The real point is that they could have been otherwise than they were. And no, it is not to beg the question it is to ask the question: if the probabilities for these states are so virtually impossible, then how could they have happened without some intention? I'm not saying it is a slam dunk that doesn't have doubt. I am simply saying the question is far from “set” as you like me to believe.

Of the probabilities of those constants, Penrose took some time to figure the odds of of our universe coming about in the total phase-space volume of possible universes. In regular exponential form: 10^100000000000000000000000000000000000000000000000000000000000000000000000000000000 0000000000000000000000000000000000000000000. If this was written in 10 point font it will fill up a large portion of our universe (From New Proofs for the Existence of God). One could bring about string theory of 10^500 universes, but I don't really see how that probabilistically helps the incredibly low probability of our “anthropic” universe.

Anthony Fleming said...

2. Big Bang: Many atheist philosophers use to fight for an infinite universe. Then, when it isn't infinite people fight for a multiverse. When people say those universes would have had a beginning they say, “you can't ask that question, it doesn't mean anything with Quantum.” Ok, well, I know enough about Quantum to know that it does not mean all our laws, matter, energy, and time came from nowhere (remember, I said “all”). Could there be an immaterial cause, without boundaries, that could fulfill the conditions of material causes?

3. Yeah. If I want to read someone's writings on Free Will I will probably avoid Harris. Not to say that his extreme bias makes him wrong on the issue. It's just that I don't find him very trustworthy. I can clearly see that I can do otherwise than I do. The Christian idea has always been that there are some things about our nature and with external events that are beyond our control. Yet, in that light there are things we can make choices on that determine who we are. Much of this is actually quite similar to the soft-determinism that Steven Pinker promotes in The Blank Slate. I understand there is more science on this subject since he published it. Just the same, he talks about decision making processes in our brain that lead us to certain choices. My main problem is that hard determinism seems to undermine implications from scientific findings. Unless someone can differentiate the deterministic quality of our beliefs and our actions, I don't see why we should trust certain inferences people make from scientific findings. Also, no one could blame the theological construct of free will, because they wouldn't have had free will to believe it. If you have a problem with my belief on this one, just know that I don't have the free will to choose whether I believe in free will.

As far as what synopsis of Harris' book. Much of that was covered in Pinker's The Blank Slate. Very interesting stuff.

4. I can believe that atheists can lead moral lives because I believe that people can do something other than they do. As far as your studies: many people take those who have been affected by prison ministries (which are very popular) within those stats. Secondly, I don't think you have a clue of the Biblical view of salvation, changed behavior, and sanctification.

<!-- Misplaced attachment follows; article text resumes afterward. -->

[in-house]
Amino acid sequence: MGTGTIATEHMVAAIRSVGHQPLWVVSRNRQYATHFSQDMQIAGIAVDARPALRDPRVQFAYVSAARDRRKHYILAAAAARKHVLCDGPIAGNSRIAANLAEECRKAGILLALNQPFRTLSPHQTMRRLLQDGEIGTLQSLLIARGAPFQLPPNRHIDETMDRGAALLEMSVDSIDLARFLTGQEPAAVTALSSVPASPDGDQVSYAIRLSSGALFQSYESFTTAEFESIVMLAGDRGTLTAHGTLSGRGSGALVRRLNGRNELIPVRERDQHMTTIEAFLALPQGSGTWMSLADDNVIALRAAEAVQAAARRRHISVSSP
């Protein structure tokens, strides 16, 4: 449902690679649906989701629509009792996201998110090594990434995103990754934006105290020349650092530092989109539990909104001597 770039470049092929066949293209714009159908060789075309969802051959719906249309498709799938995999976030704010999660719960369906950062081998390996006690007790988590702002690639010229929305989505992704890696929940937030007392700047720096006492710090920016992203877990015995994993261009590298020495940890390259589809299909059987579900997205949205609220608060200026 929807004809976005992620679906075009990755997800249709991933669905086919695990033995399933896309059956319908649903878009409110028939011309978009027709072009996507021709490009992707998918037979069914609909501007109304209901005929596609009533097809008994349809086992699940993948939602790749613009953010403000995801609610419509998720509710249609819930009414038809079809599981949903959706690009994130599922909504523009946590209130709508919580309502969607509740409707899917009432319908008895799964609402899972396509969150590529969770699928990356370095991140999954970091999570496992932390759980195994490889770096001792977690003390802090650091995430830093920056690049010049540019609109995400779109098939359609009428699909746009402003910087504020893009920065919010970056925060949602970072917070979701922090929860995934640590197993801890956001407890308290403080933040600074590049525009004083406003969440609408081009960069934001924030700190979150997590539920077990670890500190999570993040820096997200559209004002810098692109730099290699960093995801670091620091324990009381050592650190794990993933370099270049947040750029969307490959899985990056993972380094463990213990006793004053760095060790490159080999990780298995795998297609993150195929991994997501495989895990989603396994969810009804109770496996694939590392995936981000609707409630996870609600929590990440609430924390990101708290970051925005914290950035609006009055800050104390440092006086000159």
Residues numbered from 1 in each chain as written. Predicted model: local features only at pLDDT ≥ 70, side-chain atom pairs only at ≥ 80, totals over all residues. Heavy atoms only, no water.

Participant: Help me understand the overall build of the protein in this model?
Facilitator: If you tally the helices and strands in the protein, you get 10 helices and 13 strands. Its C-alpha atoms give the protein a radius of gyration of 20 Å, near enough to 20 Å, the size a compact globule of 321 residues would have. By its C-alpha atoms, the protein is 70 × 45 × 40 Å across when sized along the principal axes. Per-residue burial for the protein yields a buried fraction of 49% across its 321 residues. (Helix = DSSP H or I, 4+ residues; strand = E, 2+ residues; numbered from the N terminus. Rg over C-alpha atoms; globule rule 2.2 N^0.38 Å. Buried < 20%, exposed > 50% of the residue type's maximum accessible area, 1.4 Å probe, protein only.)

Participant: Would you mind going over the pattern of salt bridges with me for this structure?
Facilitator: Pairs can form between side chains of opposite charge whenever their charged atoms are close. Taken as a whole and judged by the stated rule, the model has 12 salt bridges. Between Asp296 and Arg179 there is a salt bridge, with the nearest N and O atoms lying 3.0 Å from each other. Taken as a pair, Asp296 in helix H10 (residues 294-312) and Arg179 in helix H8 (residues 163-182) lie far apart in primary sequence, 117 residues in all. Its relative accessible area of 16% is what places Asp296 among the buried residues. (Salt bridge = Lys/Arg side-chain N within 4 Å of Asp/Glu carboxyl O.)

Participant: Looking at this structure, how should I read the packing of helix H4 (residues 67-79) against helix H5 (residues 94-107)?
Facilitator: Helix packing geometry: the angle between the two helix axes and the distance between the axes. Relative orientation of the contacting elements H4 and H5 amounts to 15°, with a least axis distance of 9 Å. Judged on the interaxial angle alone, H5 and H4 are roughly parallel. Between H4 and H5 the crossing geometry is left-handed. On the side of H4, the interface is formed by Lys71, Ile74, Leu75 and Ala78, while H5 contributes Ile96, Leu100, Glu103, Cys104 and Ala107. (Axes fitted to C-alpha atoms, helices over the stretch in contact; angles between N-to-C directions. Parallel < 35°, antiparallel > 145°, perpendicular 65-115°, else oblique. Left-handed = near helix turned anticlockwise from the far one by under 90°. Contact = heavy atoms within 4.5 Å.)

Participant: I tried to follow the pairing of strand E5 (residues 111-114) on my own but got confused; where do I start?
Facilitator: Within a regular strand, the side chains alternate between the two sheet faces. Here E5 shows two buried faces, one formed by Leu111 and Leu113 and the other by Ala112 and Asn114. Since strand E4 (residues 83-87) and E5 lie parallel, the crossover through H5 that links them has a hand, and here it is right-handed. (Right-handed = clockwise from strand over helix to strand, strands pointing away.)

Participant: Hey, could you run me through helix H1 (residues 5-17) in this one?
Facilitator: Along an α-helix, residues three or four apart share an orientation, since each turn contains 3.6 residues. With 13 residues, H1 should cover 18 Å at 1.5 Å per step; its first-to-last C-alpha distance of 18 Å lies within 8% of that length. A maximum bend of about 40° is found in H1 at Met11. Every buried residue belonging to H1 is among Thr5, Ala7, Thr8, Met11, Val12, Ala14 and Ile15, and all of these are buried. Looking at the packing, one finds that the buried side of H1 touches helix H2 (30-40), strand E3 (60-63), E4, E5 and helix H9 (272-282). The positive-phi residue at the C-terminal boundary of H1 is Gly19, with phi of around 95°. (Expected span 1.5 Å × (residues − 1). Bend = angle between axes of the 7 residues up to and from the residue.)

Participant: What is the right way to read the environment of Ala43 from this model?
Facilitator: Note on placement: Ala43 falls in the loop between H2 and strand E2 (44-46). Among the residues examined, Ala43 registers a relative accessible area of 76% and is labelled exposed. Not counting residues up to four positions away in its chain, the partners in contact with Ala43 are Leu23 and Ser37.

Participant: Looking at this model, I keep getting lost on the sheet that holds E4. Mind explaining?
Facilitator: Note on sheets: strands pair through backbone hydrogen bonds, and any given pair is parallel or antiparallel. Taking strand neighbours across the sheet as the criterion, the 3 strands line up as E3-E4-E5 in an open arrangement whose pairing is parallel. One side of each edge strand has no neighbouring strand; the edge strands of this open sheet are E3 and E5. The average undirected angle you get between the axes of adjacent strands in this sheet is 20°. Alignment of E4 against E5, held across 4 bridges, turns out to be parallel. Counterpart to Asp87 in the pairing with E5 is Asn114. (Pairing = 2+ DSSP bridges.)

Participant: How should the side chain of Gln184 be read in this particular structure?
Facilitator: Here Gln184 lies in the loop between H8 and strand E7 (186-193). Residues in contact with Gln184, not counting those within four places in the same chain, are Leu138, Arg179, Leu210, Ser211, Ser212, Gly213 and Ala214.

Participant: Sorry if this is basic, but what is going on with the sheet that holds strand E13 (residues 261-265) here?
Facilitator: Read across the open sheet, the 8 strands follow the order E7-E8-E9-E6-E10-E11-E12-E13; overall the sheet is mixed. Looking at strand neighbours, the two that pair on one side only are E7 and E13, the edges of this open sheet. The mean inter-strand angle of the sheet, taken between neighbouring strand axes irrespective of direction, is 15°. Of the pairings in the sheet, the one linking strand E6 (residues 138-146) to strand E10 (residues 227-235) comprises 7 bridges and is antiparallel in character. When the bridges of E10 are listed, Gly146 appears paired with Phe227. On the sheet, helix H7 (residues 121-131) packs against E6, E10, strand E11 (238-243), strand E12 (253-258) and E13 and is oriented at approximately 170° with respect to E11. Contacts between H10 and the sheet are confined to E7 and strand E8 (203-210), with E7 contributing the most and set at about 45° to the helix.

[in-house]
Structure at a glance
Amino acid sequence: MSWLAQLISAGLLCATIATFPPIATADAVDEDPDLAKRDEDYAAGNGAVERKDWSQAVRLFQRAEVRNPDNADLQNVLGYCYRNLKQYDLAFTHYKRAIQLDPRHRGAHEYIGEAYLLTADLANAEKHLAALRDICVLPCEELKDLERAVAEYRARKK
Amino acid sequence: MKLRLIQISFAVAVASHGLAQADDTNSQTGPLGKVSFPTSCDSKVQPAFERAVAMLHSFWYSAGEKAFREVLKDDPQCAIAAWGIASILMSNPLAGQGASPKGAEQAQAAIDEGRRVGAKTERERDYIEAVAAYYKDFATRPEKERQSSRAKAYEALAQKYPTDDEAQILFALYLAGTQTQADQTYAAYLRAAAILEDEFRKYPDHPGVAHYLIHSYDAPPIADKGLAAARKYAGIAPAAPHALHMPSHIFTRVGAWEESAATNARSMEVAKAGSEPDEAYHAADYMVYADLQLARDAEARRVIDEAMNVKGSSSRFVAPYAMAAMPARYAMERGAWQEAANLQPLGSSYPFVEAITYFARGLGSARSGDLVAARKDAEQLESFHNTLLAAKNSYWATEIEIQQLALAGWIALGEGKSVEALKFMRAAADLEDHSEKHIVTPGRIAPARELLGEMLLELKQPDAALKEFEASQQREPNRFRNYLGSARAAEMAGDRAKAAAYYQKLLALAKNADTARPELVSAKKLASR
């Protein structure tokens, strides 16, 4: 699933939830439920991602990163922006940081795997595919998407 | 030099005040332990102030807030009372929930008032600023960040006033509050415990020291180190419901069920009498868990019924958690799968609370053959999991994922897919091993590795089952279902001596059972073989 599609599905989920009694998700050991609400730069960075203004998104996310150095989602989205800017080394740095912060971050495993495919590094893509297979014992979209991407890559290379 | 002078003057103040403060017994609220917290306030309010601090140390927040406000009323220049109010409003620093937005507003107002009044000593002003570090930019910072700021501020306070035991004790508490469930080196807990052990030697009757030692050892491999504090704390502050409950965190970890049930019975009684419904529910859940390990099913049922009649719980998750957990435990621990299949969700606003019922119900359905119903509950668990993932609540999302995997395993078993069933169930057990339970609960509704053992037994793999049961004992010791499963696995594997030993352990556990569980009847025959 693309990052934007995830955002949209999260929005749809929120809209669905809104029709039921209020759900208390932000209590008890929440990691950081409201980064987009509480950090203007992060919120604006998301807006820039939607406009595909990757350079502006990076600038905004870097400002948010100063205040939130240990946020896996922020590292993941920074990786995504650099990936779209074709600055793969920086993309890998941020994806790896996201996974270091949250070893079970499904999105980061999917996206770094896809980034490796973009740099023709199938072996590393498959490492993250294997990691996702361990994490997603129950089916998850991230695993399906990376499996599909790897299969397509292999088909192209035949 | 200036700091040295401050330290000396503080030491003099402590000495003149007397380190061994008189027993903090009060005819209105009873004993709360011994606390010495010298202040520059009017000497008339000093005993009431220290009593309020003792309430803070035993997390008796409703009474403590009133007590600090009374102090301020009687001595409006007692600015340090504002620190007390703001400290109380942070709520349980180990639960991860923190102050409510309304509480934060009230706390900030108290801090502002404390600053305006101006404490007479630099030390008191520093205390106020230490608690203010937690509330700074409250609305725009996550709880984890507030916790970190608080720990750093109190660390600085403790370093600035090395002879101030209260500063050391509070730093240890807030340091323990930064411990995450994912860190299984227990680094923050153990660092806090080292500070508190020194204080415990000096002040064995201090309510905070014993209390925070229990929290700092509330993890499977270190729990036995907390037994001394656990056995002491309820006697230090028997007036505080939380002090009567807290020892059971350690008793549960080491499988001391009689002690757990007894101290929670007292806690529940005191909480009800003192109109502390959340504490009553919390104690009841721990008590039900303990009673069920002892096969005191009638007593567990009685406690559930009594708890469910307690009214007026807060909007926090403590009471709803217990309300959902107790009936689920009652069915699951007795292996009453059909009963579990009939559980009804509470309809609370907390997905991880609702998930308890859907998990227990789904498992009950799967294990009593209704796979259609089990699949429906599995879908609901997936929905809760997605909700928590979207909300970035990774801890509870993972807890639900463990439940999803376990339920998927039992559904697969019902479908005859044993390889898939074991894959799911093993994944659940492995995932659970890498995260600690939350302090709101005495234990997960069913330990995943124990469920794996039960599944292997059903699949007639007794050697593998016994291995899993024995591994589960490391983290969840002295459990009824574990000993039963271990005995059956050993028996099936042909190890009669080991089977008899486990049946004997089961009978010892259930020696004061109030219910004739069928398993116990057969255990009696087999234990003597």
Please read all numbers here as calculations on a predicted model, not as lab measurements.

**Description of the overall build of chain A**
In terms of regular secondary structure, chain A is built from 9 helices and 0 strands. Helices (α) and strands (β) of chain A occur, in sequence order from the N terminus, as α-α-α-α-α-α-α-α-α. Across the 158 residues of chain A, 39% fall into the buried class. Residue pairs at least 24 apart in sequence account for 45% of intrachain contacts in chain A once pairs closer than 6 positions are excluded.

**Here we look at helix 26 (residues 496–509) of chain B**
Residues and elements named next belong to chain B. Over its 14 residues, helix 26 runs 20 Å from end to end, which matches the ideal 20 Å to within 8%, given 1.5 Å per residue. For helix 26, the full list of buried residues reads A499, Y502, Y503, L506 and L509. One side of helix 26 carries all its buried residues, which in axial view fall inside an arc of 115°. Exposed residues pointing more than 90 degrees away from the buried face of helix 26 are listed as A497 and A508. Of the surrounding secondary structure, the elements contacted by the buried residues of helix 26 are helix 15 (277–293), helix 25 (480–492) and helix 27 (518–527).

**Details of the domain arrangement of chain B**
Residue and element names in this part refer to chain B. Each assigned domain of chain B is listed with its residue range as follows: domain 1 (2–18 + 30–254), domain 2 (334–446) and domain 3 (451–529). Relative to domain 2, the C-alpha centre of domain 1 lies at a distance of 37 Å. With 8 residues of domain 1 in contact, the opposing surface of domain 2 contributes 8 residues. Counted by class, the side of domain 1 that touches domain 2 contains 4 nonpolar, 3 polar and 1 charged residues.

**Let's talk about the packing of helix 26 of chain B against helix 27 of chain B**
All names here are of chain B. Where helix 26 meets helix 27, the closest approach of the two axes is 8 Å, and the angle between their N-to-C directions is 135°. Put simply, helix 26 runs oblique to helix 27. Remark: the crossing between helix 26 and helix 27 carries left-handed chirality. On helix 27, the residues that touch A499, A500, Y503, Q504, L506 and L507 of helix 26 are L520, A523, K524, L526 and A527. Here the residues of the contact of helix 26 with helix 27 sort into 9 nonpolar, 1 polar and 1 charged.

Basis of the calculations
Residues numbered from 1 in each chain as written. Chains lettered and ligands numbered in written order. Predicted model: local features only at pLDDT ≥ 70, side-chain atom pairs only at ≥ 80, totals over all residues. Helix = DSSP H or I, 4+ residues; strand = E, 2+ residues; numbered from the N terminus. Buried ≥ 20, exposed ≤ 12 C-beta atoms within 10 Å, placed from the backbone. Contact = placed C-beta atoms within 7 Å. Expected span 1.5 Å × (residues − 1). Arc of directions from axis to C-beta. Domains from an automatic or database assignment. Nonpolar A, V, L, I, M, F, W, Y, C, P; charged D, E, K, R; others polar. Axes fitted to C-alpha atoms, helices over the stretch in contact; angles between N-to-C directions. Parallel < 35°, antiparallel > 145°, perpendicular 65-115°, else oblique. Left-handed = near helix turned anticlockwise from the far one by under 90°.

Recognizing an ontological basis for that morality is a different story. I can clearly see there are some things that are always wrong whether we ever believed them to be wrong or not: like raping an infant. Perhaps there are biological processes at work within me that lead me to say that such a thing would always be wrong. Or perhaps there are logical reasons why raping an infant is always wrong and should never be done (regardless of whether a culture accepts it or not). I think it's both! Yet, if I am to recognize, regardless of biology, that certain things are always wrong. If you wan to disagree and say that raping an infant is only a societal or cultural construct then have at it. Ontologically the existence of a God makes the most sense of certain things being always right or wrong.

Anthony Fleming said...

I am now in remorse that I did such long comments. They really don't help the situation. So I will make this short and brief. I you want detail then ask :)

Unconditioned reality is based on a syllogism. Either all reality is conditioned or there is at least one unconditioned reality. You cannot have both and you cannot have neither. If all reality is conditioned then there are a two possibilities: either they are conditioned to the finite or the infinite. The same would apply for potential circular conditions: the conditions are fulfilled in circular to the finite or to the infinite. All of reality cannot be conditioned to the finite because the last condition would not have its conditions filled. It cannot be fulfilled to the infinite because then there would always be need for 1+ more conditions. You could say that the conditions are reciprocal or circular but that doesn't help either. You are faced with the same choice: finite or infinite. For example: lets say A depends on B which is dependent on C which is dependent on A. The difference would be how many conditions is each reality dependent on the other for: finite or infinite? If finite, there must be a last condition. Yet this could not happen in a circle because each condition needs another reality for its condition to be fulfilled. If infinite, then reality is dependent on the other reality for an infinite amount of conditions. This however is unachievable, as each would need +1 more conditions to exist. If not all of reality is not solely conditioned, then there must be at least one unconditioned reality.